We chose these delivery methods because (a) the videos and blog sequences are highly scalable, and the one-on-one coaching is somewhat scalable because we could make it more and more systematic over time (b) after testing out the coaching, we realised some standard intro content would be useful, and we suspected videos would be particularly popular (c) we also needed a general intro video to explain 80,000 Hours (d) blog sequences are a relatively quick way to communicate research and can build up a following over time (e) we included the coaching because there is strong demand for one-on-one help and it allows us to connect with very high impact people.

In late May 2013

What we learned: We decided to discontinue the rankings, because after doing more coaching and attempting to work on the rankings (i) we realised the research might not be decision relevant (ii) the research would likely be too superficial to appear credible. Similarly, we decided to deprioritise developing the planning process since it seemed we didn’??t know enough about successfully choosing careers for further work to be justified. We also decided that we need to spend more time understanding precisely what career problems are the most pressing for people who care about making a difference in an effective way. Although we had identified some broad areas, we were still highly uncertain about what research would have the most leverage.

The new plan: Instead, we decided to: (i) write up our existing thoughts on frameworks for comparing careers and career planning for our findings page (ii) carry out further research using the case study model. In the case study model, we speak to 1-2 coachees each week, spend ~4 days working on their career decision, write the study up on the blog, and over time spot general patterns that we write up for the findings page.

Why?: We’??re pursuing the write up because we’??re fairly confident the frameworks we developed are useful for comparing and planning careers, having tested them with lots of people one-on-one, and they’??ll form a good starting position for our research that we can develop through case studies. The case study model addresses the problems above because the extra time spent on each person means we can do our best to ensure our research is relevant to their decision and carry out the research in enough depth to be credible. Over time we end up with a sampling of the career problems of our target audience, so our research time is spent in proportion to how widely held each problem is.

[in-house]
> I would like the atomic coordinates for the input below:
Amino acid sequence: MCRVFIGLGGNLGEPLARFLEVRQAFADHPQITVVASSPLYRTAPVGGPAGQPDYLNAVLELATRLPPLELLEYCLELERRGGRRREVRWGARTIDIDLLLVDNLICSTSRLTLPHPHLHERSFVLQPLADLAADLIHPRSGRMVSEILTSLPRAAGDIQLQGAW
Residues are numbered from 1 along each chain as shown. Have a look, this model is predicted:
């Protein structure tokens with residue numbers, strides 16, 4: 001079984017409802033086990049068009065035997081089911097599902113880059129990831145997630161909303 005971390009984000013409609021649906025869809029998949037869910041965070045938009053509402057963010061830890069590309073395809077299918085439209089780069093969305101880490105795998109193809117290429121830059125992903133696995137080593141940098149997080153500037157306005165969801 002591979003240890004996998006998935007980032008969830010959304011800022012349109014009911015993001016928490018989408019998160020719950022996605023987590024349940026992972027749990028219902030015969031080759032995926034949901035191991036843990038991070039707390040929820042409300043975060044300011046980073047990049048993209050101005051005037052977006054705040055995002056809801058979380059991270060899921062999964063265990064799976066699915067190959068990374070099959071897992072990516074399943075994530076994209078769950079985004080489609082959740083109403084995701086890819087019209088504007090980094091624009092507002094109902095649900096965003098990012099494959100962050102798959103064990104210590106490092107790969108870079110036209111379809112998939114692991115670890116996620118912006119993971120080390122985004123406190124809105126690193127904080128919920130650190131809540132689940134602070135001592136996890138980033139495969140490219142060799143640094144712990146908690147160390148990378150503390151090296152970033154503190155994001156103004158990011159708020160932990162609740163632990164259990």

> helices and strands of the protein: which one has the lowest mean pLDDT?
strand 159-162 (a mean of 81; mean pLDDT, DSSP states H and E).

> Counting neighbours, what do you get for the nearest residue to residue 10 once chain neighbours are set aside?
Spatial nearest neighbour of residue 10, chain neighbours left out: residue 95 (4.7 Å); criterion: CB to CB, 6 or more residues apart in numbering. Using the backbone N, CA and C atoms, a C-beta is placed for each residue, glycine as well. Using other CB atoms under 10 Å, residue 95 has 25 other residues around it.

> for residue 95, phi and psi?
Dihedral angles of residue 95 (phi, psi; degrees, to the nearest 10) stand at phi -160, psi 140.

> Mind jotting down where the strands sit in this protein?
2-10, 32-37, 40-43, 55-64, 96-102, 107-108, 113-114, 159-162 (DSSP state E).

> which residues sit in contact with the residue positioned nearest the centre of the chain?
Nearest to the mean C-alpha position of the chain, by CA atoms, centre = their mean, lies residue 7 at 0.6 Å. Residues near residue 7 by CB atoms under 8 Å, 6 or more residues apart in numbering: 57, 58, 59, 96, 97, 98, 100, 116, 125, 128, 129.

The model offers some additional advantages: (i) it will be easier to track our impact (ii) we suspect the case studies will be perceived as highly valuable, increasing our reach with the most able people (iii) we will be more helpful to the most high potential people who care about making a difference in an effective way (iv) having lots of stories of high impact people could be inspiring and engaging. Another reason we adopted this model is that we realised we didn’??t need to do as much work to gain broad appeal. Publicity by Peter Singer, the media and the general growth of effective altruism is bringing in a significant number of people who already want to engage deeply with our ideas.

The main disadvantage is that we wi??ll initially speak to fewer people one-on-one and produce less widely applicable written content. This could decrease our short-term impact and web traffic, in return for better content in the long-term. We can slightly offset this disadvantage by preferring to work on questions that are more generalizable.